AT&T Mobility has received approval from the Federal Communications Commission (FCC) to acquire sought-after Advanced Wireless Services (AWS) and 2.3GHz Wireless Communications Services (WCS) spectrum, which it intends to use to support its in-deployment Long Term Evolution (LTE) network in coming years. AT&T lined up a series of separate deals throughout the course of the year and the FCC opted to group them together before approving them all simultaneously this week.
Fierce Wireless reports that by dint of the regulator’s approval, AT&T has acquired AWS and WCS spectrum in 608 cellular market areas, covering 82% of the population of the continental United States. Specifically, AT&T will receive 10MHz-20MHz of WCS ‘A’ and ‘B’ block spectrum in 473 Cellular Market Areas (CMAs), covering close to 70% of the population; 5MHz-10MHz of WCS ‘C’ and ‘D’ block spectrum in 344 CMAs, covering 54% of the US; and 10MHz-30MHz of AWS spectrum in 29 CMAs, covering 2% of the country.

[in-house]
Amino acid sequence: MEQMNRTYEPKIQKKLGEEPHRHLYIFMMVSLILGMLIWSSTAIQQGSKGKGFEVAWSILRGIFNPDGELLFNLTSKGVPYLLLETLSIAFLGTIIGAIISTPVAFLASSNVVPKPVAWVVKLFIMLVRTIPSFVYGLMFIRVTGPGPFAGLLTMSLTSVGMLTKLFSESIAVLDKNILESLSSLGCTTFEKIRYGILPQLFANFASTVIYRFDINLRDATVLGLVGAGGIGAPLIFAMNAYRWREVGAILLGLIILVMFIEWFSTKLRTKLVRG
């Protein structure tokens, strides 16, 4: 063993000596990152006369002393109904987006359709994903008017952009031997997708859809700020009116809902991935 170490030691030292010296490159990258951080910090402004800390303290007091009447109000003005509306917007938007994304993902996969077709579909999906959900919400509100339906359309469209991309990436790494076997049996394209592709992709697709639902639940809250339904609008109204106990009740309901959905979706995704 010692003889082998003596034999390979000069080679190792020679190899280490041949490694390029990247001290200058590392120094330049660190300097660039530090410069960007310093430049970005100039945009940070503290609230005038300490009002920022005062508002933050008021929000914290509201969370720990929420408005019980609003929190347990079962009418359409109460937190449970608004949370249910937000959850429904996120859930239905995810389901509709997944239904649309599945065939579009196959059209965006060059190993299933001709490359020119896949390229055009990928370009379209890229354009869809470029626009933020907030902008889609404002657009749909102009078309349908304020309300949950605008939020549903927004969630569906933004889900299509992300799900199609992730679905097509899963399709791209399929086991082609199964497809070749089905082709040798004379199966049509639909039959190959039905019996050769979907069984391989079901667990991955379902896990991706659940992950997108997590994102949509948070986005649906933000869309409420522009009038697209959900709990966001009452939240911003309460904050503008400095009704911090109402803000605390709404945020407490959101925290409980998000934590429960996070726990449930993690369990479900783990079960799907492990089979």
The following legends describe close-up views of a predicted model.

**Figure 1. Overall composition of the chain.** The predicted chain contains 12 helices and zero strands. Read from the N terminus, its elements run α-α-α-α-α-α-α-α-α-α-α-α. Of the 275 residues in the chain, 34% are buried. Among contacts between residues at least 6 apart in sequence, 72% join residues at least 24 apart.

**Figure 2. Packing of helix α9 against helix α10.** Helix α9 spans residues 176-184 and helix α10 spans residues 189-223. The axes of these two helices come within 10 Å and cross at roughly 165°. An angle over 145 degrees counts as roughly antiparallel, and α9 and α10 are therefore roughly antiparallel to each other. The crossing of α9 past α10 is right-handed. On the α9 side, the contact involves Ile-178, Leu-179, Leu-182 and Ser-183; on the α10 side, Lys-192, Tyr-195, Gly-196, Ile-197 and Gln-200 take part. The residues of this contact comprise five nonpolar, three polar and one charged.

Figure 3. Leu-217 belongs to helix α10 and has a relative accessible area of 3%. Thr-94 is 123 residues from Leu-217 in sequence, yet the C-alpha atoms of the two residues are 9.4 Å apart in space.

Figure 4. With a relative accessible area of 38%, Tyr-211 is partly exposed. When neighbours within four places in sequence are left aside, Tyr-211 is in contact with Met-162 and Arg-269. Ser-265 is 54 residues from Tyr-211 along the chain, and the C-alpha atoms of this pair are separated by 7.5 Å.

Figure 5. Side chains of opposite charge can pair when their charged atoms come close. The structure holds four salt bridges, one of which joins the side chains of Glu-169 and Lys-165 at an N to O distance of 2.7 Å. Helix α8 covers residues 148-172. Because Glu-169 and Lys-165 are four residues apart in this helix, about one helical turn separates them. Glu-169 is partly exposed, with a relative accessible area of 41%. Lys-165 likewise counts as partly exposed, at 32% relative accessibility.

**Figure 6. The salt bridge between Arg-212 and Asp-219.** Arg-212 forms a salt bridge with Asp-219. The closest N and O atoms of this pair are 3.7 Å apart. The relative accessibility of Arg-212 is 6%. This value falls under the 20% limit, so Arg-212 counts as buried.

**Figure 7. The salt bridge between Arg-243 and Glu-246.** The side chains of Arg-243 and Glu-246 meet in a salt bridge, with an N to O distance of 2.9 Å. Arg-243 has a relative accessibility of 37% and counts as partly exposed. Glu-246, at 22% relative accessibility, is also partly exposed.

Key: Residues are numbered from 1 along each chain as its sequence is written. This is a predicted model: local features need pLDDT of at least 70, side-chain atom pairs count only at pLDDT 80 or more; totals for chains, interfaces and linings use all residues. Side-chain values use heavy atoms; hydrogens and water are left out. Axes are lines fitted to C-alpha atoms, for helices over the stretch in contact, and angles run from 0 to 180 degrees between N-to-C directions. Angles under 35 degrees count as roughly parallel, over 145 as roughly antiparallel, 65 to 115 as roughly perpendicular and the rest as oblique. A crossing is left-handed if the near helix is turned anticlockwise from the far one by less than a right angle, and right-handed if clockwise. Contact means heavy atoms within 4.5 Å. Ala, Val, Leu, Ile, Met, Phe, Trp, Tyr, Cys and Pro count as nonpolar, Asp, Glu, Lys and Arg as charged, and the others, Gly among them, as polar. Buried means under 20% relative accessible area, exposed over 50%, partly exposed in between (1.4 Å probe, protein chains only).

According to TeleGeography’s GlobalComms Database, August 2012 saw AT&T agree a deal worth up to USD600 million to acquire San Diego-based spectrum holding company NextWave Wireless, a major holder of 2.3GHz WCS frequencies. WCS spectrum was first auctioned in 1997, but has never been utilised for mobile broadband usage due to technical rules designed to avoid possible interference with satellite radio users in adjacent spectrum bands. The deal effectively combines the nation’s two largest WCS spectrum holders (AT&T is the largest and NextWave is the second largest). AT&T went on to strike deals with Comcast and Horizon Wi-Com – two of the last remaining WCS spectrum holders outside of AT&T and NextWave. Additional spectrum has been sourced from the San Diego Gas & Electric Company.